No money especially in times of emergency Requires money for some transaction Company on the verge of winding up Relocation Selling the company away Asset is getting out-of-date (e.g. computers and machinery) Asset is no longer maintainable as spare parts are not available (e.g. main manufacturer winds up or stops sales of spare parts and/or support for the product) Upgrade asset (e.g. changing to a better car) Extra asset (e.g. due to lesser staff employed) Cut loss (e.g. selling the iPhone 4S before iPhone 5 is launched) Selling asset to a Joint Venture company

10 Where can extra cash be used?
Bank Shares & Commodities Fixed Deposits, Securities, Bonds, Derivatives and etc. Invest in other companies (i.e. be a business angel or venture capitalist) NOTE: Different options carry different risks and rate of return. The higher the risks, the higher the rate of return.

11 Types of Shares Preference (Preferred) Shares Ordinary Shares
Receive a fixed dividend every year. They do not take advantage of very profitable years because of the fixed rate. Can be a steady revenue stream. Always receive profits first but usually do not have voting rights. Ordinary Shares Most shares are this kind. The dividend received is not fixed so can take advantage of extreme years of profitability. Receive dividend payments after preference shares but are granted voting rights.

12 External sources of finance come from outside of a business
External sources of finance come from outside of a business

13 External sources of finance
Share capital Limited companies float their shares on a stock exchange. Can raise huge amounts of money. The down side is that the owners give up control of the companies to the shareholders. Companies only make money on the initial sale of the shares not on money made in the secondary or stock exchanges.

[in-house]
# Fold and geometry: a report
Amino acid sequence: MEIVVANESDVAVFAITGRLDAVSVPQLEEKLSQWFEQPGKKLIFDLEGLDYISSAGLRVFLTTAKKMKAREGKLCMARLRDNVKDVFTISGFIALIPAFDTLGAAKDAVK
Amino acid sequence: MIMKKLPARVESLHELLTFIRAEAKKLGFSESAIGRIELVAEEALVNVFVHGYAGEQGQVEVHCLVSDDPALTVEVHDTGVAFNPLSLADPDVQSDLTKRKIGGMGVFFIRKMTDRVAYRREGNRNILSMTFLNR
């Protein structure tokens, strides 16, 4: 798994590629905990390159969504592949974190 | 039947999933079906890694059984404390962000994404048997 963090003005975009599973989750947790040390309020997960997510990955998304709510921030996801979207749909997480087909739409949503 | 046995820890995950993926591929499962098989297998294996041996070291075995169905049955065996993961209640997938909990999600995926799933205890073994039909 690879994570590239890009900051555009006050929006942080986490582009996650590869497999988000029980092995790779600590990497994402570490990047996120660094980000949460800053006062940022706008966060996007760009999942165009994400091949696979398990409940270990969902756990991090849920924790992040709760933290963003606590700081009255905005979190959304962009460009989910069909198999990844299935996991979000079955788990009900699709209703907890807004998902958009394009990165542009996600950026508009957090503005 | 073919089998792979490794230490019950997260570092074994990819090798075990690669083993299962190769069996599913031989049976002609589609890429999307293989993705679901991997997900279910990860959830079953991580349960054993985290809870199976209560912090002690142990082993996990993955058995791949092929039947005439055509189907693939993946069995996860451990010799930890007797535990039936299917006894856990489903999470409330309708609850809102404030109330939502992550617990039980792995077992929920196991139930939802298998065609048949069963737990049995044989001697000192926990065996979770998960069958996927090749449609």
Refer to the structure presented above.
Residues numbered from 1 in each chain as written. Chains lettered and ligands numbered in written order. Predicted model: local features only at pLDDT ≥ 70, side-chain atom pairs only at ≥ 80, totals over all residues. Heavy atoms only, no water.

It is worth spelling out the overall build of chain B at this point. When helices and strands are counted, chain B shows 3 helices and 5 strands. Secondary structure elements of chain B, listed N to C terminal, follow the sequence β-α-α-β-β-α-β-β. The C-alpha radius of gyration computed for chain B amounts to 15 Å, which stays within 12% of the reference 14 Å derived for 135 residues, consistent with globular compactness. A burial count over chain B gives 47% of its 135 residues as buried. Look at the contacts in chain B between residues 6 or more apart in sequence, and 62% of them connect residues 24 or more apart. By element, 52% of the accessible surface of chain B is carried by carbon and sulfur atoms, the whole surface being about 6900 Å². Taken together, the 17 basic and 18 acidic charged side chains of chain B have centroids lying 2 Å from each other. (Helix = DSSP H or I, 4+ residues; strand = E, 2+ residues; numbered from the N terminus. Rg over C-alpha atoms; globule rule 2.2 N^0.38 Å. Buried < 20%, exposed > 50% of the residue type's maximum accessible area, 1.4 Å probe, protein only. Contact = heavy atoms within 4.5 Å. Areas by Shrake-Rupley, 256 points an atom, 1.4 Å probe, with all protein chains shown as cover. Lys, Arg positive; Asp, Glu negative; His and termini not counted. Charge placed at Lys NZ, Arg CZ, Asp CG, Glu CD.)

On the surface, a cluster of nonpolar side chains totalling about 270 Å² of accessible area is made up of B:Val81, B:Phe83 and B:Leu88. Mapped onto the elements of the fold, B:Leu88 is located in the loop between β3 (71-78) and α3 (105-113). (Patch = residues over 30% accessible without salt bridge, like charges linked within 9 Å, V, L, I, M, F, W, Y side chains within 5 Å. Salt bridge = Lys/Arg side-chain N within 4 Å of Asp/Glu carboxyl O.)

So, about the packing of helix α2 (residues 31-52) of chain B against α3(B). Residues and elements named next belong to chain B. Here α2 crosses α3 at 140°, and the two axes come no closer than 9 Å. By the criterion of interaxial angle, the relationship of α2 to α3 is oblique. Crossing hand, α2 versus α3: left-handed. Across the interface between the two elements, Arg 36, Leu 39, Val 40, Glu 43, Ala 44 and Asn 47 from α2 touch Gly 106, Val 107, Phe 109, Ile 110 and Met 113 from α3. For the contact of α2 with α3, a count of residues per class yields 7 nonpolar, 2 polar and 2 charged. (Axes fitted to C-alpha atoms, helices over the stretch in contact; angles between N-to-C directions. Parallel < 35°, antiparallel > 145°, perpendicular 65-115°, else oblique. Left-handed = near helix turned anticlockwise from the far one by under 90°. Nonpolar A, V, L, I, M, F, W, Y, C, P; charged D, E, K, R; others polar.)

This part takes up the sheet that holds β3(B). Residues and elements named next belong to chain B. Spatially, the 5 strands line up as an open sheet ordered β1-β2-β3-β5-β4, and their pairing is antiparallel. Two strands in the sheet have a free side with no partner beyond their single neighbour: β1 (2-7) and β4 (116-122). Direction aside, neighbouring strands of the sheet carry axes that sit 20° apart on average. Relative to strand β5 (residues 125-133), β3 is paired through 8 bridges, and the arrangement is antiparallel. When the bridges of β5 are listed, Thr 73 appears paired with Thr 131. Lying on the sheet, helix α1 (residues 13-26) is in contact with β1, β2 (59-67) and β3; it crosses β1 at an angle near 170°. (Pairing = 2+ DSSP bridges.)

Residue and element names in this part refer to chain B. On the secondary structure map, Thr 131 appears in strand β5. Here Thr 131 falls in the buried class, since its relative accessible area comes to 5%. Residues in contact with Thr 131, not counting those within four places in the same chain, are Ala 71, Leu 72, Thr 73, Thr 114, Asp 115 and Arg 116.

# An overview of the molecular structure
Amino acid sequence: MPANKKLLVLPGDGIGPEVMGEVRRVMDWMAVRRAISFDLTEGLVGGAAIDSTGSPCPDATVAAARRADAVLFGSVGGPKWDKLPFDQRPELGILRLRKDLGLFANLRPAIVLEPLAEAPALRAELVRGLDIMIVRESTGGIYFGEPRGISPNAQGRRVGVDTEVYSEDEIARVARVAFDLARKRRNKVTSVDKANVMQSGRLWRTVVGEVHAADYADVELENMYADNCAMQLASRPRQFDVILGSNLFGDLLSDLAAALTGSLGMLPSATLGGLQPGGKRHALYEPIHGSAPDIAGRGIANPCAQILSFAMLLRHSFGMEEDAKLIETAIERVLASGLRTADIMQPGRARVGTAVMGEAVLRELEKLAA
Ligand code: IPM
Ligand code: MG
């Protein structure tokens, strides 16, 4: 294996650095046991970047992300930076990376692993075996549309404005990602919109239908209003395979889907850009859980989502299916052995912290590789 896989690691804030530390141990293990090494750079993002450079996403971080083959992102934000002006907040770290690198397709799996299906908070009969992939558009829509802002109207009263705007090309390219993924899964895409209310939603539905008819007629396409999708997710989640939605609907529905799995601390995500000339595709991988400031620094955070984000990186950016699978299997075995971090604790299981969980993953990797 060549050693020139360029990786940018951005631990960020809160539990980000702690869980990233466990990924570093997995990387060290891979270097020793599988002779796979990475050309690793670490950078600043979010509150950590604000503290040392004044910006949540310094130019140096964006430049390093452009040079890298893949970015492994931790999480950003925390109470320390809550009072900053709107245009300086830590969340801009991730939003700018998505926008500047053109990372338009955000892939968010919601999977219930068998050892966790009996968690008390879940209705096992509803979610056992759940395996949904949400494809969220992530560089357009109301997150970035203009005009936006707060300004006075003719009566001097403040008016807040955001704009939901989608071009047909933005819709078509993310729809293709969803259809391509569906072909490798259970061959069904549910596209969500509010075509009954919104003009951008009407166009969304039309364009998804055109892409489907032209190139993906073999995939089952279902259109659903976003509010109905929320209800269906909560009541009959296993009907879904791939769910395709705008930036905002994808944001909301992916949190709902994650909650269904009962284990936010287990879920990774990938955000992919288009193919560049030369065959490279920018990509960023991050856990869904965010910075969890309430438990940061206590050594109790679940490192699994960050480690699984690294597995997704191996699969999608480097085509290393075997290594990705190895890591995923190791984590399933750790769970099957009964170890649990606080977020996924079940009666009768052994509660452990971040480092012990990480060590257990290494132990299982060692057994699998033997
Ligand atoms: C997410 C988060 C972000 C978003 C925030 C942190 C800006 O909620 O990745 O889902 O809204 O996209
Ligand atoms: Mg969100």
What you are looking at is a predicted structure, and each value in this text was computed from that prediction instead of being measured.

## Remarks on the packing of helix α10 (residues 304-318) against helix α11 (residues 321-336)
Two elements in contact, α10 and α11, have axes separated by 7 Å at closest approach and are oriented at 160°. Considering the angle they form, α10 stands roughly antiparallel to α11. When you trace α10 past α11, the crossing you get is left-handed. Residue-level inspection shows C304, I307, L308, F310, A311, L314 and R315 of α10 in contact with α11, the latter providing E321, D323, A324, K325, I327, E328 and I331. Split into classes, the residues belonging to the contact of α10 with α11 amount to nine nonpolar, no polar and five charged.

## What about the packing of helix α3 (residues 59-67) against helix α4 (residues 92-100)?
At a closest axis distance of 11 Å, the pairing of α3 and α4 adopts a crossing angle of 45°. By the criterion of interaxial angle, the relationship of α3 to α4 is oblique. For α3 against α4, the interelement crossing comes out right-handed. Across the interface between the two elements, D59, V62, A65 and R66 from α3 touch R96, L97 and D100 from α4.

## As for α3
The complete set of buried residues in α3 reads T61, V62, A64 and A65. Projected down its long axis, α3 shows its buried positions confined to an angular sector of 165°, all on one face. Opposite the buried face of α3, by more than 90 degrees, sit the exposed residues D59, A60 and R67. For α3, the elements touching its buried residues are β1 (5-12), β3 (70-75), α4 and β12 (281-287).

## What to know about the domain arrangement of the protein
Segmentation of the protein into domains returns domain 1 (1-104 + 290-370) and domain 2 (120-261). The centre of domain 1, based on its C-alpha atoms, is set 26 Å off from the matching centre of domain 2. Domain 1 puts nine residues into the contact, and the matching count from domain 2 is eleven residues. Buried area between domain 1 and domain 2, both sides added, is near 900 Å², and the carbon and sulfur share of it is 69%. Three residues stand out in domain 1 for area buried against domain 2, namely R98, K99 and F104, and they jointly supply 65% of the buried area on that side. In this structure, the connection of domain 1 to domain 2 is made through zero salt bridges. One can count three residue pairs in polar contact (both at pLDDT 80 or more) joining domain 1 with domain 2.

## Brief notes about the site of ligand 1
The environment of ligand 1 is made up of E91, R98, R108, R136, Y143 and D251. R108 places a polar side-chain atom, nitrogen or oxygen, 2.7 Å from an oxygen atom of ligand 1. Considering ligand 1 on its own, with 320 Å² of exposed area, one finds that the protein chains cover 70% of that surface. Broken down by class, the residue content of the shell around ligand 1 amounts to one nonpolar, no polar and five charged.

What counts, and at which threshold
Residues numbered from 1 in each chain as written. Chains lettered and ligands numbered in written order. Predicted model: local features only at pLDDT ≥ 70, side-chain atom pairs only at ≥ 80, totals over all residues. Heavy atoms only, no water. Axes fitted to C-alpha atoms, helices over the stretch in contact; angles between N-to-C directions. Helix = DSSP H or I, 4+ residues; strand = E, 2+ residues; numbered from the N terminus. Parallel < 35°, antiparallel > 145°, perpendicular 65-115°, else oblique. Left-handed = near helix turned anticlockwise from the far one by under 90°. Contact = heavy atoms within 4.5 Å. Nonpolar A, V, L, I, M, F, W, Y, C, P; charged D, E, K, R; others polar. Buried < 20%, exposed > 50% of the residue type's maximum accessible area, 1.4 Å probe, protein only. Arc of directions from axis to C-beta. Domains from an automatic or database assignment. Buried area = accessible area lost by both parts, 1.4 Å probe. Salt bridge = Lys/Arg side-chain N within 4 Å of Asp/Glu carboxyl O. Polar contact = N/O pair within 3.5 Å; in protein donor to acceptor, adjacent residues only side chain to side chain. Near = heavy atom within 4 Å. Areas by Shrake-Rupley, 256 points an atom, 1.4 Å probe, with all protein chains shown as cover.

14 External sources of finance
Loan capital Money that is borrowed from commercial lenders like banks. Lends tend to be long to medium term. Mortgages is a secured loan for land if the borrower defaults (i.e. does not pay back the loan) the lender takes the collateral. Business development loans are used to start and expand businesses. Can also be used to boost working capital.

15 Why government give business development loans?
Assist small businesses to expand especially in times of recession Increase the participation rate of the economy so as to reduce unemployment rate Improve the professionalism of the trade Improve & expand the scope of specialization in the country Attract foreign/local investment Increase the PPF (Production Possibility Frontier) of the country Increase the tax revenue of the government

16 External sources of finance
Overdrafts Allows a business to take more money from their account than they have. They tend to have high interest rates but can be used as short term loans for a business. They can come in handy for businesses that have cash flow problems possibly from selling on credit. Trade Credit Allows businesses to buy now and pay later. The sale is final but some businesses will give days for their clients to pay them back. Can help businesses with short term cash flow problems.

17 External sources of finance